Albino alligator, Civil War fort spice up trip to Kure Beach
Posted May 22, 2009
Updated May 23, 2009
Kure Beach, N.C. — An albino alligator in an oceanfront aquarium: It sounds like a rare sight for residents of the Piedmont, but with a little planning the exhibit can be seen in a day trip to Kure Beach.
The exhibit featuring the 5-foot-long, 4-year-old albino alligator opens May 29 at the North Carolina Aquarium at Fort Fisher in Kure Beach. She'll join the aquarium's albino turtle.
"An alligator like this would not survive in the wild. They can actually get sunburned," said Julie Johnson, an alligator keeper at the aquarium. "Their eyes are sensitive, and they have no camouflage, so predators can pick off a young alligator."
Throw in the aquarium's regular gators, all the fish and a touch tank for the children, and that adds up to a lot of entertainment that won't consume much cash. Admission for a family of four is under $30.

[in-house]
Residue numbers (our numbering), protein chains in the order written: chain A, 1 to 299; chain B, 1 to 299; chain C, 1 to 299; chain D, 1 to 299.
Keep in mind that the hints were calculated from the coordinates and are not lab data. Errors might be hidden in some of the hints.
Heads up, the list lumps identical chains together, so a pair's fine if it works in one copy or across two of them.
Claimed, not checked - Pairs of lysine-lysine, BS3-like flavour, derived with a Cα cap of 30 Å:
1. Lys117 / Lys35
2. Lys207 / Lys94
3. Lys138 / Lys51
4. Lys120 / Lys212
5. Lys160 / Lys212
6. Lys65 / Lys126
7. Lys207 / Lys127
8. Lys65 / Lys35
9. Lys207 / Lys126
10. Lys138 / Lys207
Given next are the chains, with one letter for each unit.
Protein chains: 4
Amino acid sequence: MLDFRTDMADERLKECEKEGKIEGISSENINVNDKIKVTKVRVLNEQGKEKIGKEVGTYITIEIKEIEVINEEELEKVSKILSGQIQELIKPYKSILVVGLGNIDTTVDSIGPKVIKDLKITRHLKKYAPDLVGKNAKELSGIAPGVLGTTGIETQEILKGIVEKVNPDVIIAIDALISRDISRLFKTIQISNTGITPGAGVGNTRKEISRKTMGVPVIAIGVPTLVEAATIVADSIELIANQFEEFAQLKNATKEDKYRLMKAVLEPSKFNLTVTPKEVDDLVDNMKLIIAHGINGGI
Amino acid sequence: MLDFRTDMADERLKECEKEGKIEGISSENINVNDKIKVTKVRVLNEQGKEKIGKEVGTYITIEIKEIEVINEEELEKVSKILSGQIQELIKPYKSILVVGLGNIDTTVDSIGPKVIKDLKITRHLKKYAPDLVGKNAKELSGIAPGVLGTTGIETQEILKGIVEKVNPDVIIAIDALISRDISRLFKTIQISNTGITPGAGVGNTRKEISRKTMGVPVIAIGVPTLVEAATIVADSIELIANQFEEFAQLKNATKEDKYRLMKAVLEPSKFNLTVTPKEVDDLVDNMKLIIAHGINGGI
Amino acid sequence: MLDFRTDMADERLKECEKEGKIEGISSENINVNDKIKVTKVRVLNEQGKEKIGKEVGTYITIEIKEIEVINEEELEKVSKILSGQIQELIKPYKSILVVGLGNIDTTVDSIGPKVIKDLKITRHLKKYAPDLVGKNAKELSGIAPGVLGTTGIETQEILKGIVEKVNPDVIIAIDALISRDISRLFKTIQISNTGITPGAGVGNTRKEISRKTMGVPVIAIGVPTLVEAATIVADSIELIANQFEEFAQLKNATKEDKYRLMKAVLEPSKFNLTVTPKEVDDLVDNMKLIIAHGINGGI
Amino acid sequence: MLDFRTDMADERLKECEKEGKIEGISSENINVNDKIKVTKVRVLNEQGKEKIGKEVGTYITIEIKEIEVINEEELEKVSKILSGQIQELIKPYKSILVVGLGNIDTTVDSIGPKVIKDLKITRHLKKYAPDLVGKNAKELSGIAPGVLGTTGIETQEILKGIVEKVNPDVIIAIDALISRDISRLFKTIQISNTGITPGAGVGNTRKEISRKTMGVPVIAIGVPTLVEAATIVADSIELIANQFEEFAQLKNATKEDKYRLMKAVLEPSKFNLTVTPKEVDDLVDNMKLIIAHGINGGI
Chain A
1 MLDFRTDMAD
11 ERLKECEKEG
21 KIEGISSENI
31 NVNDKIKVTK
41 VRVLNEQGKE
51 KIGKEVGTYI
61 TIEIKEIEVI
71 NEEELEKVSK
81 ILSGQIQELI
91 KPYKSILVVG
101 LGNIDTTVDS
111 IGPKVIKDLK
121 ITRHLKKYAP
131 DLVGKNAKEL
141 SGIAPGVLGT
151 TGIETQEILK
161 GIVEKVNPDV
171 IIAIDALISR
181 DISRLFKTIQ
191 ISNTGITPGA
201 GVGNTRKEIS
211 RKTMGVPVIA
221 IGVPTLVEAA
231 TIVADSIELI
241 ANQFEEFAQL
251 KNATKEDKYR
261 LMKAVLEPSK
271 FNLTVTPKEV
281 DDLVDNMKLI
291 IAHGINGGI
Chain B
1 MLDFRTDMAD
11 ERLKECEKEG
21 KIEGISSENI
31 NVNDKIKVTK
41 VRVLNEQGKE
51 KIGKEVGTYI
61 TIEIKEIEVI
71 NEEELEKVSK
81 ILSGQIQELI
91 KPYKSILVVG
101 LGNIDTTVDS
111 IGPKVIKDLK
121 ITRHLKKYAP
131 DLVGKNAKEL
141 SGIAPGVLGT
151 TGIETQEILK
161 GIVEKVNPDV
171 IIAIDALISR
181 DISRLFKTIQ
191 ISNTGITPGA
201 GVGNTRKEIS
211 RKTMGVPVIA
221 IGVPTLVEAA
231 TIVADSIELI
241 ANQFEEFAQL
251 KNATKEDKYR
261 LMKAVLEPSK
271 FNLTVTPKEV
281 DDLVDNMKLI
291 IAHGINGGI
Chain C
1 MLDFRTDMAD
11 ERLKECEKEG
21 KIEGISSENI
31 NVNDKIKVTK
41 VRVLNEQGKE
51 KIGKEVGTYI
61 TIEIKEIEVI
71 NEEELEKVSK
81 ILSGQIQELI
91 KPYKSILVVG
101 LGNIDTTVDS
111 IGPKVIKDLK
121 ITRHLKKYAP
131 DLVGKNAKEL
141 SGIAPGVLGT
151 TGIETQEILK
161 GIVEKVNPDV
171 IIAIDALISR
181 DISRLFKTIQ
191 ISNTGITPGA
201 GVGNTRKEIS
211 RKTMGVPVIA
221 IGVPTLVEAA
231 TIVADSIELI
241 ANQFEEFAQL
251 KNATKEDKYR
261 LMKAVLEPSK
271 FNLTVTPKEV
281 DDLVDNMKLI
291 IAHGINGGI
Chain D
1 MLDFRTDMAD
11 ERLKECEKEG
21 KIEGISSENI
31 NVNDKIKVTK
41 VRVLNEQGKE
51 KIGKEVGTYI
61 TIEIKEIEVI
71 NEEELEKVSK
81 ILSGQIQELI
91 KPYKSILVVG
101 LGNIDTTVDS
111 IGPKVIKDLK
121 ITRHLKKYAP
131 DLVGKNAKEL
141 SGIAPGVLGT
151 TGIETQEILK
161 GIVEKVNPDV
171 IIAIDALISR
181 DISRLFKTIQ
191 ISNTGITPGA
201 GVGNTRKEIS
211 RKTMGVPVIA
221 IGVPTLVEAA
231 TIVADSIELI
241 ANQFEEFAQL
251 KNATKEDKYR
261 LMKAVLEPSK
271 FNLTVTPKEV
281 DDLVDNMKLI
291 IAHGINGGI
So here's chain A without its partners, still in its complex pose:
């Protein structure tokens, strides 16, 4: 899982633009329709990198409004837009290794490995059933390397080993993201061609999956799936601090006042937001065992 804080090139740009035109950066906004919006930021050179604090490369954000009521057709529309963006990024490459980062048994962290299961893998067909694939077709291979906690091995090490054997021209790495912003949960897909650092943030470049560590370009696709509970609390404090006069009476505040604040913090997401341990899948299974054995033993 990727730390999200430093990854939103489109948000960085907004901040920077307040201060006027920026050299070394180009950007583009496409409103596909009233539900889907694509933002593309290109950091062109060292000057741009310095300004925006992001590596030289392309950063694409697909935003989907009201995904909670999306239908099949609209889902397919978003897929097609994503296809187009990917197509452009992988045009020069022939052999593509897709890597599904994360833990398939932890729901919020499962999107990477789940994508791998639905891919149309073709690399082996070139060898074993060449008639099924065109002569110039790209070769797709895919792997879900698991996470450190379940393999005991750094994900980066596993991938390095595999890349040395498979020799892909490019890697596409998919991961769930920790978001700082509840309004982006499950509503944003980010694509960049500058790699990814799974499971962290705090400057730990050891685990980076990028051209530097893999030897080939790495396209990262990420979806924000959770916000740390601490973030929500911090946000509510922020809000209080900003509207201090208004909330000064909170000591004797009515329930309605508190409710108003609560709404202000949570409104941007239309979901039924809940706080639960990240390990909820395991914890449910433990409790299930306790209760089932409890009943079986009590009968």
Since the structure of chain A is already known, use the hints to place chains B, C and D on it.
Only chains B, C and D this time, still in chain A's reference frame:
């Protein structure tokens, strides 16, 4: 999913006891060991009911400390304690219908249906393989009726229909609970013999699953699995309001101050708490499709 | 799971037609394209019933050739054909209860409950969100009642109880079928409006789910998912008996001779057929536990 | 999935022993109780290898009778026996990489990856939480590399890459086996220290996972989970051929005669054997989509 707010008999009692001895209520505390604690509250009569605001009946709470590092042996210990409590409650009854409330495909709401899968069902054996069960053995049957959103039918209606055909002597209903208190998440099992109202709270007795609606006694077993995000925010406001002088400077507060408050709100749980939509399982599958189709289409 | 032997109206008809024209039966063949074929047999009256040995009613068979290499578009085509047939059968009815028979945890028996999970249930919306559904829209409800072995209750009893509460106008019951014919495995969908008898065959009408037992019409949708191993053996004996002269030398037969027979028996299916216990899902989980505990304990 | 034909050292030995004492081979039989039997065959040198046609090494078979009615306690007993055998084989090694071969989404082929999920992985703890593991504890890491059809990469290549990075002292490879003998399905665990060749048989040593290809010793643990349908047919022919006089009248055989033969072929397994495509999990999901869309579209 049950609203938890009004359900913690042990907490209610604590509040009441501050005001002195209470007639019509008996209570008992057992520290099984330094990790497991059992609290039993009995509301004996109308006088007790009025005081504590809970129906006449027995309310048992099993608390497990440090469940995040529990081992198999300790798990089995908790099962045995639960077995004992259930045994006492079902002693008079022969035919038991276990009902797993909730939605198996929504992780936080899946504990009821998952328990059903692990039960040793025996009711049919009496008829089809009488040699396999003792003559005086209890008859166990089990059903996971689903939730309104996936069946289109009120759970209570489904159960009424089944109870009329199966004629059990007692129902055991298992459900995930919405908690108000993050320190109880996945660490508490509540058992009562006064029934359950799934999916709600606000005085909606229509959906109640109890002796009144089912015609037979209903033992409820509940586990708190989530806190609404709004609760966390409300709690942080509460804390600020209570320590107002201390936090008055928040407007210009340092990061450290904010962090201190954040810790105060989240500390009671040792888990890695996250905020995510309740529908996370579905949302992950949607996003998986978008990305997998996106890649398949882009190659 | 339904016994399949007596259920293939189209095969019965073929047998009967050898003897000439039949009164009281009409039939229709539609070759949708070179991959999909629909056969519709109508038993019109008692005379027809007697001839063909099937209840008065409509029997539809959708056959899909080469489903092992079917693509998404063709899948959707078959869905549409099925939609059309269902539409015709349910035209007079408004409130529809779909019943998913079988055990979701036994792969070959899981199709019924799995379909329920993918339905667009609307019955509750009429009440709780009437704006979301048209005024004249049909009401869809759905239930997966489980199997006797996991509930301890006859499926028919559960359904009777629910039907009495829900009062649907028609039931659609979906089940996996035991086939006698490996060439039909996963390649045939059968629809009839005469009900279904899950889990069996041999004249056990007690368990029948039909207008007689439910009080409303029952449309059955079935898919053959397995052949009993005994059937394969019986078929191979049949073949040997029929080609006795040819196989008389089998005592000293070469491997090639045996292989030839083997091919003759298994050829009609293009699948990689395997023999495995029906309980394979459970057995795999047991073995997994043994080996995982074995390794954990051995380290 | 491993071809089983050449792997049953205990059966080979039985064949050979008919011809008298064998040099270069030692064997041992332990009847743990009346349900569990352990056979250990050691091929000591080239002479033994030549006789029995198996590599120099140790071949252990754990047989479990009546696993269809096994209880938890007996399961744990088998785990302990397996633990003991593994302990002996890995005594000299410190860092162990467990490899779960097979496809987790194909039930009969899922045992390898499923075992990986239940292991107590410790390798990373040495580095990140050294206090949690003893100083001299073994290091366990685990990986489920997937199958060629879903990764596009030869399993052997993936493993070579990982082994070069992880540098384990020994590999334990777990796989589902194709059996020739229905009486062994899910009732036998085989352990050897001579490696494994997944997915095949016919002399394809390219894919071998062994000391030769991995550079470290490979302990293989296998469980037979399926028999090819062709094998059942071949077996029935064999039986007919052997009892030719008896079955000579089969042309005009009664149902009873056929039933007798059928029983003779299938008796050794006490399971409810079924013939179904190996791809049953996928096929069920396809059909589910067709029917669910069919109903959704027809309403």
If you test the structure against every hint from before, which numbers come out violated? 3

"We're just planning a day trip, so we're not going to spend the hotel cost. We're going to spend that money on gas and fast food," said tourist Rachel Seagroves.
Kure Beach – about a 2½-hour drive from the Triangle – also offers a rare glimpse into the past: Fort Fisher, a Confederate fortress that kept Wilmington open to blockade runners until 1865.
The museum guides visitors through the battle that felled the last Confederate fort in North Carolina. Outside, visitors tour the remnants of sand mounds that once protected the fort.
The sheer size of the well-preserved site tells about life for the men at Fort Fisher, said museum spokeswoman Amy Thorton.
"It was a lot of work building a mile-and-a-half earthwork. It was not a day at the beach like it is today," Thorton said.
But for those looking for exactly that, the beach at Fort Fisher won't disappoint.
Mary Cordero brought her children down from Goldsboro. Having grown up in the Northeast, she said, it's rare to find a beach like this.
"We love it. It's beautiful. I can't believe it's free," Cordero said.
"It's wonderful. It's better than any tranquilizer I know," beach-goer Chris Bliss said.